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Some writers look at life with their eyes, others with their hearts. In this collection of personal stories, Peter Damm does both. His vignettes of growing up in small-town rural Michigan are also a closely observed portrait of mid-20th-century America. The lyrical tones of the storyteller are generous, wry, elegiac, and humorous, as he recalls the joys of fishing on Lake Platte or feasting on wild blueberries in autumn. This is not, however, a collection of pretty postcards. Damm’s family experienced depression, alcoholism, and loss, and he writes with a survivor’s compassion. These are beautifully illustrated stories for all the senses, held in place by strands of memory that alternate between steel and gold.
A Note From the Publisher
Book Illustrator: Suzanne Anderson-Carey
“Peter Damm’s stories about growing up in Michigan made me laugh aloud, cry, and occasionally wince when they hit too close to home. He infuses his stories with a deeply felt sense of place—the lakes and forests of his youth take on the presence of characters in his narrative. This is a lovely collection, well-conceived and beautifully told. The clean economy of the language and its cadences possess a quality that is almost poetic. Wild Blueberries is a gem.”
—William Rodarmor, award-winning journalist and translator
“Peter Damm’s memoir is a joy to read. What emerges is a lyrical, rich, and complex account of growing up in rural Michigan. The story of his Catholic coming of age is skeptical in tone, at times amusing, yet we see how a sheltering tradition can comfort and unify. I read Wild Blueberries in two sittings, held by its directness and simplicity. It was a pleasure to be in the hands of an intelligent and generous author.”
—Leo Litwak, Guggenheim Fellow; winner, 1970 Jewish National Book Award, and 1st Prize in the 1990 O. Henry Awards
“I will wear this book out to my heart’s content, keep it on my bedside table, and dog-ear my favorite pages. In my work, I’ve read at least 1,500 manuscripts. Only a handful have affected me in this way in terms of the quality of the writing. I like the unaffected narrator who shares his search for an assembled, integrated version of the past, and conveys so clearly the idea that what counts here is the truth.”
—Susan Harper, writer, editor, university instructor of Creative Writing
“Peter Damm tenderly sketches the delights and tribulations of a seemingly quiet Midwestern childhood. As he wrestles with the riddles of his Catholic inheritance, we hear the questions of a smart, sensitive young man trying to puzzle out the mysteries of sin, sex, and spirit, and make sense of the adult world. The gentleness and humor of Damm’s stories invites the reader to reflect on his or her own journey to maturity.”
—J. Ruth Gendler, artist, teacher, author of The Book of Qualities
"In telling stories from his earliest days, Peter Damm gives extraordinary visual and aural texture to those stories. When he describes conversations, or rooms occupied, or injuries sustained, his prose is completely credible—the reader can immediately tell that he hasn’t given in to the temptation to write a “better story” by tampering with the details. His memory is so capacious that it recreates the world of his childhood and allows us into it. Even the “voice” in his prose reflects this: these stories of a very young boy are told with sentence structures that are consistent with how that boy actually lived his life. To a child, life isn’t complex, it’s new (whether joyful or painful), and Damm’s writing is consistent with that way of seeing the world. As the young Peter grows, his worldview inevitably becomes more complicated—and Damm’s writing from chapter to chapter subtly mirrors this evolution. Before I came across Wild Blueberries, I read Amos Oz’s autobiography A Tale of Love and Darkness. The two books are as unalike as the lives of the two boys: growing up among Eastern European Jewish immigrants in war-torn Israel/Palestine is far from growing up in Eisenhower’s Michigan, yet both these wonderful books succeed in recreating long-disappeared times and places, and picturing the sensitive and intelligent boys who inhabited them.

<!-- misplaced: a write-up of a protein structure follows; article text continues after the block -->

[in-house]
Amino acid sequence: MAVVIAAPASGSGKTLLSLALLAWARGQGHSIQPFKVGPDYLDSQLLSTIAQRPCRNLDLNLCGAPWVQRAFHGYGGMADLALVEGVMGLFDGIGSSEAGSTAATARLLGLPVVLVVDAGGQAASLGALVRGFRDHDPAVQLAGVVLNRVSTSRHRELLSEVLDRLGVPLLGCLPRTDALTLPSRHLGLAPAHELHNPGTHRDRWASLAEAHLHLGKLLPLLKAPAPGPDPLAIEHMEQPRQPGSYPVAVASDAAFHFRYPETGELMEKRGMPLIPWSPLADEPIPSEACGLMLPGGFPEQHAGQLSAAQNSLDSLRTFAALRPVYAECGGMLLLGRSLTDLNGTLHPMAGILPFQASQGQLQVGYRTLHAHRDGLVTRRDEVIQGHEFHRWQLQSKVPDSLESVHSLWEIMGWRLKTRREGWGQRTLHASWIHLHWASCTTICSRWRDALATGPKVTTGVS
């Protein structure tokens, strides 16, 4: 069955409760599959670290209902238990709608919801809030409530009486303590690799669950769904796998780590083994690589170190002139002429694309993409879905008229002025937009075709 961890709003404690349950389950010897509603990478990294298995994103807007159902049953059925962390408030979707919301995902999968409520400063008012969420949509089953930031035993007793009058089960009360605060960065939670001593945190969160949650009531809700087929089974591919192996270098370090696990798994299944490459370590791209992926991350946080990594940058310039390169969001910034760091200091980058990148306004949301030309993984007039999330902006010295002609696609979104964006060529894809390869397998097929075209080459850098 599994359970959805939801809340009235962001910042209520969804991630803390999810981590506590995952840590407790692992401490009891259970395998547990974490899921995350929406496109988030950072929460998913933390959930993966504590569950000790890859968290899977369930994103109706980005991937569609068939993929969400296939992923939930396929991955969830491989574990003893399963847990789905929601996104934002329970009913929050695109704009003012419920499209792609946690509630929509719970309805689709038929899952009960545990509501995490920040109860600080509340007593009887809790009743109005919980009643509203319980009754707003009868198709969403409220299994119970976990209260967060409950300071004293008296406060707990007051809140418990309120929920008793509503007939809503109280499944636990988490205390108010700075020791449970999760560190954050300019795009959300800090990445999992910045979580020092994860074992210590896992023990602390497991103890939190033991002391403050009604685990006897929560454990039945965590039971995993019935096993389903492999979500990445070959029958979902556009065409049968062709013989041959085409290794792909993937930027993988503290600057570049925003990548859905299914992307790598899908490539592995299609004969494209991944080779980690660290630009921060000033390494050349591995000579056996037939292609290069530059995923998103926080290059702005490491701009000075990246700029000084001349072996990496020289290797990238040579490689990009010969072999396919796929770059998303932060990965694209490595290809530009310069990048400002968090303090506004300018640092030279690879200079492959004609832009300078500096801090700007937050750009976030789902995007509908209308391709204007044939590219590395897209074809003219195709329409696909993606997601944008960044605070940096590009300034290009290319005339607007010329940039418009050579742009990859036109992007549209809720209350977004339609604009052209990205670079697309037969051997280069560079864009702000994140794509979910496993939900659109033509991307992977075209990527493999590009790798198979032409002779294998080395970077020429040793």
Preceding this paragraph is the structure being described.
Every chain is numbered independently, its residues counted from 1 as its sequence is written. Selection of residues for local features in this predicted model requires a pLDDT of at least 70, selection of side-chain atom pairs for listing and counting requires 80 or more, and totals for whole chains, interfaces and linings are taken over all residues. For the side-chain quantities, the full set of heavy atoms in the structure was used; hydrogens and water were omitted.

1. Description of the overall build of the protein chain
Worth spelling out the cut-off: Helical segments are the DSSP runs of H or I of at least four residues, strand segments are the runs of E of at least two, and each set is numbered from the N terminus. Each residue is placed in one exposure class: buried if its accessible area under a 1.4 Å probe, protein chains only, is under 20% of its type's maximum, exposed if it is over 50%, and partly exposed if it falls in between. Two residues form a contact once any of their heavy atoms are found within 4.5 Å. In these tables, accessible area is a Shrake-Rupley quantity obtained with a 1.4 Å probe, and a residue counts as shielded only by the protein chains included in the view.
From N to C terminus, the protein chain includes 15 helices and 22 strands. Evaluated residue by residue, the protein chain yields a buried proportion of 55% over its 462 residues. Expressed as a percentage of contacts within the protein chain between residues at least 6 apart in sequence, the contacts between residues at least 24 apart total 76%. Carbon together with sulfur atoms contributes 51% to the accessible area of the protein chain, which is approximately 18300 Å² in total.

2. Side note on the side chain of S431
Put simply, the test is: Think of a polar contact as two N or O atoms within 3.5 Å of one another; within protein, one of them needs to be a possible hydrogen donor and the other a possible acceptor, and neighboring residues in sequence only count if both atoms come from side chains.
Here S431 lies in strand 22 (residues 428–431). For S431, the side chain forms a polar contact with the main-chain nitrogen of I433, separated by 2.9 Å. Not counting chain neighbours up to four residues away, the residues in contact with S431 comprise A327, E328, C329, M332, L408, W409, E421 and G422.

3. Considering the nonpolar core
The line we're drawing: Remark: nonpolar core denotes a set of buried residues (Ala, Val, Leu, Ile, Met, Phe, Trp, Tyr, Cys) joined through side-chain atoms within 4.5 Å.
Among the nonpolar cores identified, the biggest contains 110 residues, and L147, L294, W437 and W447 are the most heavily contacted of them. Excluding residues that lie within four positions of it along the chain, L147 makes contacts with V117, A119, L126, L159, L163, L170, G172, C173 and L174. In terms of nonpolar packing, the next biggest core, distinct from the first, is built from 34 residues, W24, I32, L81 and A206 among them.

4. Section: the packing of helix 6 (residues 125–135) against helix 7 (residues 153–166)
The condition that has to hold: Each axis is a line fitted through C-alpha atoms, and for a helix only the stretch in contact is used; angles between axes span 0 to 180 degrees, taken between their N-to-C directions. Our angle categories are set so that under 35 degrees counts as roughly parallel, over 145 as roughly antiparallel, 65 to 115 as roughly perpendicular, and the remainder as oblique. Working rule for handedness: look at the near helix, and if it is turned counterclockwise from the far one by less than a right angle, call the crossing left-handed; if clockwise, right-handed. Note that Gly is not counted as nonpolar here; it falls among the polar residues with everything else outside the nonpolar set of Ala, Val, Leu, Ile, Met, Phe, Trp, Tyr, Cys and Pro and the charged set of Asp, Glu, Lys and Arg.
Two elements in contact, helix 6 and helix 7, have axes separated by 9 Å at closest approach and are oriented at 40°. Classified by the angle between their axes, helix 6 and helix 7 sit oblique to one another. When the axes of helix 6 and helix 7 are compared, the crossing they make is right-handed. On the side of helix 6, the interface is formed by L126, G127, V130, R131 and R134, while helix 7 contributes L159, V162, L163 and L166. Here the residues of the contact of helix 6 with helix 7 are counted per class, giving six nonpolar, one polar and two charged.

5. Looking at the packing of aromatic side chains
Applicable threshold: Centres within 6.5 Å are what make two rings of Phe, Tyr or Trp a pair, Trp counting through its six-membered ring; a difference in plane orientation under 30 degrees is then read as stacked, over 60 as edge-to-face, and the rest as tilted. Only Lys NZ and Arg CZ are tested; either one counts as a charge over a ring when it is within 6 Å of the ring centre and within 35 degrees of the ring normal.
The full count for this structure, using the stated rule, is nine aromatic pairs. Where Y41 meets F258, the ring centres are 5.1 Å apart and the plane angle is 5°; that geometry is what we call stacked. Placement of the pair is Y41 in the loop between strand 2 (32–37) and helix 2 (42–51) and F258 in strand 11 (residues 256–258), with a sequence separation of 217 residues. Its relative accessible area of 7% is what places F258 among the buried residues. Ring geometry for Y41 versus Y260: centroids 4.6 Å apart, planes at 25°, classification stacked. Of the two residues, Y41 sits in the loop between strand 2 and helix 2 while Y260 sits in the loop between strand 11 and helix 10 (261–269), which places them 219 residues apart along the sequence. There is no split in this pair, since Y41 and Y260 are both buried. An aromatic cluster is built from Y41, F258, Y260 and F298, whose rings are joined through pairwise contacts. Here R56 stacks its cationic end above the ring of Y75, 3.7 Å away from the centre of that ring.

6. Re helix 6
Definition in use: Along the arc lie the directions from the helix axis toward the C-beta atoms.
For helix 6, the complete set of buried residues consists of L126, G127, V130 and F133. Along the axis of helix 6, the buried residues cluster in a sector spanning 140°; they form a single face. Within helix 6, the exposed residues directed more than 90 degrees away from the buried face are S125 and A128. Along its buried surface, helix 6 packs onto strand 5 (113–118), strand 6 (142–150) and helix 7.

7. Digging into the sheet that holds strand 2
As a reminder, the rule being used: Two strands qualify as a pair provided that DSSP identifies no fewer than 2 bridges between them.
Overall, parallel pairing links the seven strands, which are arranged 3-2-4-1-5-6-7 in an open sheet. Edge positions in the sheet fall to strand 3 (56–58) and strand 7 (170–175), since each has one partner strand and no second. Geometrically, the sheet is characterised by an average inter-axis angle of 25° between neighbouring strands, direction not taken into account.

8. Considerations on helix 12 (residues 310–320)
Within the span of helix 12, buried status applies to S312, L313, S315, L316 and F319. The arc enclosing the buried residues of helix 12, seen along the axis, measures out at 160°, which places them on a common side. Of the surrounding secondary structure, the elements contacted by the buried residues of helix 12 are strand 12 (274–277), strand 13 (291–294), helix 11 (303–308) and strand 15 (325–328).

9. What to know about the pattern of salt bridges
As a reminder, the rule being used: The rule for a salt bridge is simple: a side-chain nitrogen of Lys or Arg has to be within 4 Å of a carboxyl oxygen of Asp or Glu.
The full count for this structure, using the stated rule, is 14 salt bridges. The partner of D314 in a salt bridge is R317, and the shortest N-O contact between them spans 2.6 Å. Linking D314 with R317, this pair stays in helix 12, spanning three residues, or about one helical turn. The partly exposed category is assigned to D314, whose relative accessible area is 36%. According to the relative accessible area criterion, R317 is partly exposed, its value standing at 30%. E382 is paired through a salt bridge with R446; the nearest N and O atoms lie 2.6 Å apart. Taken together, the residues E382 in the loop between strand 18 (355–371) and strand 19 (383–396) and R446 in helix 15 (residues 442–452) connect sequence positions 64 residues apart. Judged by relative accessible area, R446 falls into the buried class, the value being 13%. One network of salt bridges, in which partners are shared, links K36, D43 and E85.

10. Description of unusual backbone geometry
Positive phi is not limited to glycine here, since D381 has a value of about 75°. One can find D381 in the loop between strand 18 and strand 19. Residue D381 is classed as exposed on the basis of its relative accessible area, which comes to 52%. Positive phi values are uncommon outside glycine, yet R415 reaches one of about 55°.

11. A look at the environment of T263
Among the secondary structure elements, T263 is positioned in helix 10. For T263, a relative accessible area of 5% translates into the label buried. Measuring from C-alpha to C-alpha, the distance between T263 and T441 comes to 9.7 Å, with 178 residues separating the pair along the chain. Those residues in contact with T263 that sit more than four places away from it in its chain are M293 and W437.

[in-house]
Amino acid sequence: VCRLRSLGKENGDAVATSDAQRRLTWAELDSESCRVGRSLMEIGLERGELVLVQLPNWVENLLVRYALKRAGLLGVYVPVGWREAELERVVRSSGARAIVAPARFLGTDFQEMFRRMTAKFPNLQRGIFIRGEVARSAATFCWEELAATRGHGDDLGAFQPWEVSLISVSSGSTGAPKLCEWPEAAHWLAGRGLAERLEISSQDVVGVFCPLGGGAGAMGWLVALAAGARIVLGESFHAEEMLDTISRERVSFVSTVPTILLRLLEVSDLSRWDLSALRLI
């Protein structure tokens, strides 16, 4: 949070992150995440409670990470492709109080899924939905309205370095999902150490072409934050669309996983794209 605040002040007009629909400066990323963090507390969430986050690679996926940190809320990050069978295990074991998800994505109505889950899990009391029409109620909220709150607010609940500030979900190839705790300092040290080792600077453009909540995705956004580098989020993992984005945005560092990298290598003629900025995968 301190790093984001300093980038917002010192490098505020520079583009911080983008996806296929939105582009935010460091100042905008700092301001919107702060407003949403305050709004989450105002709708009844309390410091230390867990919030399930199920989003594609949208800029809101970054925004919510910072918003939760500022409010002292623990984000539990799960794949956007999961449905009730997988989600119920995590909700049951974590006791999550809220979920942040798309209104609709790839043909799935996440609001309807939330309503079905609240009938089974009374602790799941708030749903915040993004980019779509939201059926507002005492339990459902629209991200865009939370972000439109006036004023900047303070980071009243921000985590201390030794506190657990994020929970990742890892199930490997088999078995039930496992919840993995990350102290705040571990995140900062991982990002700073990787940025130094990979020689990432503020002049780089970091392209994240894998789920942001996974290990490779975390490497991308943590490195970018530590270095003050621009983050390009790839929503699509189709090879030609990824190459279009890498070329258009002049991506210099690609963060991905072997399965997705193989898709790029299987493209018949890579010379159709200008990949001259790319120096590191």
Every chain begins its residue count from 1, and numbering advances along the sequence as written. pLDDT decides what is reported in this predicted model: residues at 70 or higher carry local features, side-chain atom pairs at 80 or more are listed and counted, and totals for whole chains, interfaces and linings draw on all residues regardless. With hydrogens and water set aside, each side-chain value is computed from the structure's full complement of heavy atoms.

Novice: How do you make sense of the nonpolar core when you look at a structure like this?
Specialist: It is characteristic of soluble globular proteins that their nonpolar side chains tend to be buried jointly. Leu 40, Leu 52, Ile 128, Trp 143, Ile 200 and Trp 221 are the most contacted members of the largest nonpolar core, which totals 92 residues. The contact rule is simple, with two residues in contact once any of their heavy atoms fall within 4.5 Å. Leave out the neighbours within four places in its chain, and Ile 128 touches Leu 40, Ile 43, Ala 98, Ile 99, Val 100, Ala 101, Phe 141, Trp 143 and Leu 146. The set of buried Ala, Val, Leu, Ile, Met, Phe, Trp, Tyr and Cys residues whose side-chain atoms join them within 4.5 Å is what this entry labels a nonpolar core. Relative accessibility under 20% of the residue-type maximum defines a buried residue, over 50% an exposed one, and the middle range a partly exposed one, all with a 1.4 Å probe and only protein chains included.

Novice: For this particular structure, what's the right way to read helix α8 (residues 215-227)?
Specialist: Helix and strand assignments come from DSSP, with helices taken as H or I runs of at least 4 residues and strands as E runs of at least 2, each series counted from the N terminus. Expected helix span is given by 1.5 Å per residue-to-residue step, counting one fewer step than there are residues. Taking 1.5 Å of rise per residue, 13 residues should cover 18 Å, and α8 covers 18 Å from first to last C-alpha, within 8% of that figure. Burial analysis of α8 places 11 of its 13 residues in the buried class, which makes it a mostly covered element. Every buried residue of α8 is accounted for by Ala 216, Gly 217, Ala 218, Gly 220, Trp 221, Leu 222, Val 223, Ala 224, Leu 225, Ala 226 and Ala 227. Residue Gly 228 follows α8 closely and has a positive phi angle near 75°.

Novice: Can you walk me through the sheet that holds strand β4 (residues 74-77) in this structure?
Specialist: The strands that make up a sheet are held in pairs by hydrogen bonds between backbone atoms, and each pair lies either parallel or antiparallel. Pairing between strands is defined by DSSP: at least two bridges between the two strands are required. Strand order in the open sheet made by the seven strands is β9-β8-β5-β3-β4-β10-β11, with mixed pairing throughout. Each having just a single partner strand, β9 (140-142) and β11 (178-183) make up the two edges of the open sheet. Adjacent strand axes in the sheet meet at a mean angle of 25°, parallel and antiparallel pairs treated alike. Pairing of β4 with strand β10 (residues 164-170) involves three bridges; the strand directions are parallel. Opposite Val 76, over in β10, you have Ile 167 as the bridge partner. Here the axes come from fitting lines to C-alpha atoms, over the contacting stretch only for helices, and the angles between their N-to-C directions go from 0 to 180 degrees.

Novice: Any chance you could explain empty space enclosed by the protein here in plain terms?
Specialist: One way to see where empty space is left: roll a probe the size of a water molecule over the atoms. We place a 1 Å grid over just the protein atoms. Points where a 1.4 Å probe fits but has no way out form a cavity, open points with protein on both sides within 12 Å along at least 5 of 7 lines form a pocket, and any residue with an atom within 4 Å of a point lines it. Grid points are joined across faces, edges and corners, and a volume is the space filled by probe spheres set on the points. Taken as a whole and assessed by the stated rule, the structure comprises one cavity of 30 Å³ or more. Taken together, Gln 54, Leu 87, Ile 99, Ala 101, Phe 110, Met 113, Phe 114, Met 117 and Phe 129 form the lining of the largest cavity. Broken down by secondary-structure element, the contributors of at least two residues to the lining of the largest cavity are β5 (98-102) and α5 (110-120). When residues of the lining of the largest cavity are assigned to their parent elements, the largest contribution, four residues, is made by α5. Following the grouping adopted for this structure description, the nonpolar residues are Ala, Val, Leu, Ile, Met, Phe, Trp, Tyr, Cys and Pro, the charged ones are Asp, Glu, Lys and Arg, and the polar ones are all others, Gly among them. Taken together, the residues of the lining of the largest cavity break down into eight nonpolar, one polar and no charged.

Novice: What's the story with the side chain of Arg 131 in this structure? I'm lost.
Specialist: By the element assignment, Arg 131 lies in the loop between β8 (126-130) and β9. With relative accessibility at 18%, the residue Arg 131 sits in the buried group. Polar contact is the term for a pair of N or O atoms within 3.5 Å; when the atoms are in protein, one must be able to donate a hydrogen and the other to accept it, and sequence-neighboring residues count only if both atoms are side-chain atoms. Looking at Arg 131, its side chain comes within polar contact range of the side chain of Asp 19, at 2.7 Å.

—Richard F. Hill lives in the San Francisco Bay Area. When not practicing law, he’s reading.
Advance Review Outreach
Summer 2019 four-state author tour, including signing events and readings at bookstores in Michigan. Ohio, Illinois, and northern California.
Featured in the Great Lakes and Midwest Independent Booksellers Association holiday catalogs.
Finalist: “Midwest Favorite” Great Lakes Great Reads Award
Display at 2019 Book Expo and International Rights Center
Author signings at 2019 NCIBA and PNBA
Audio available from Blackstone Audio (now available via Audible; later this year, listeners will be able to find on any retailers’ platforms such as Google, Downpour, iTunes, WalMart, Amazon (CD).
The ebook is available across all major platforms.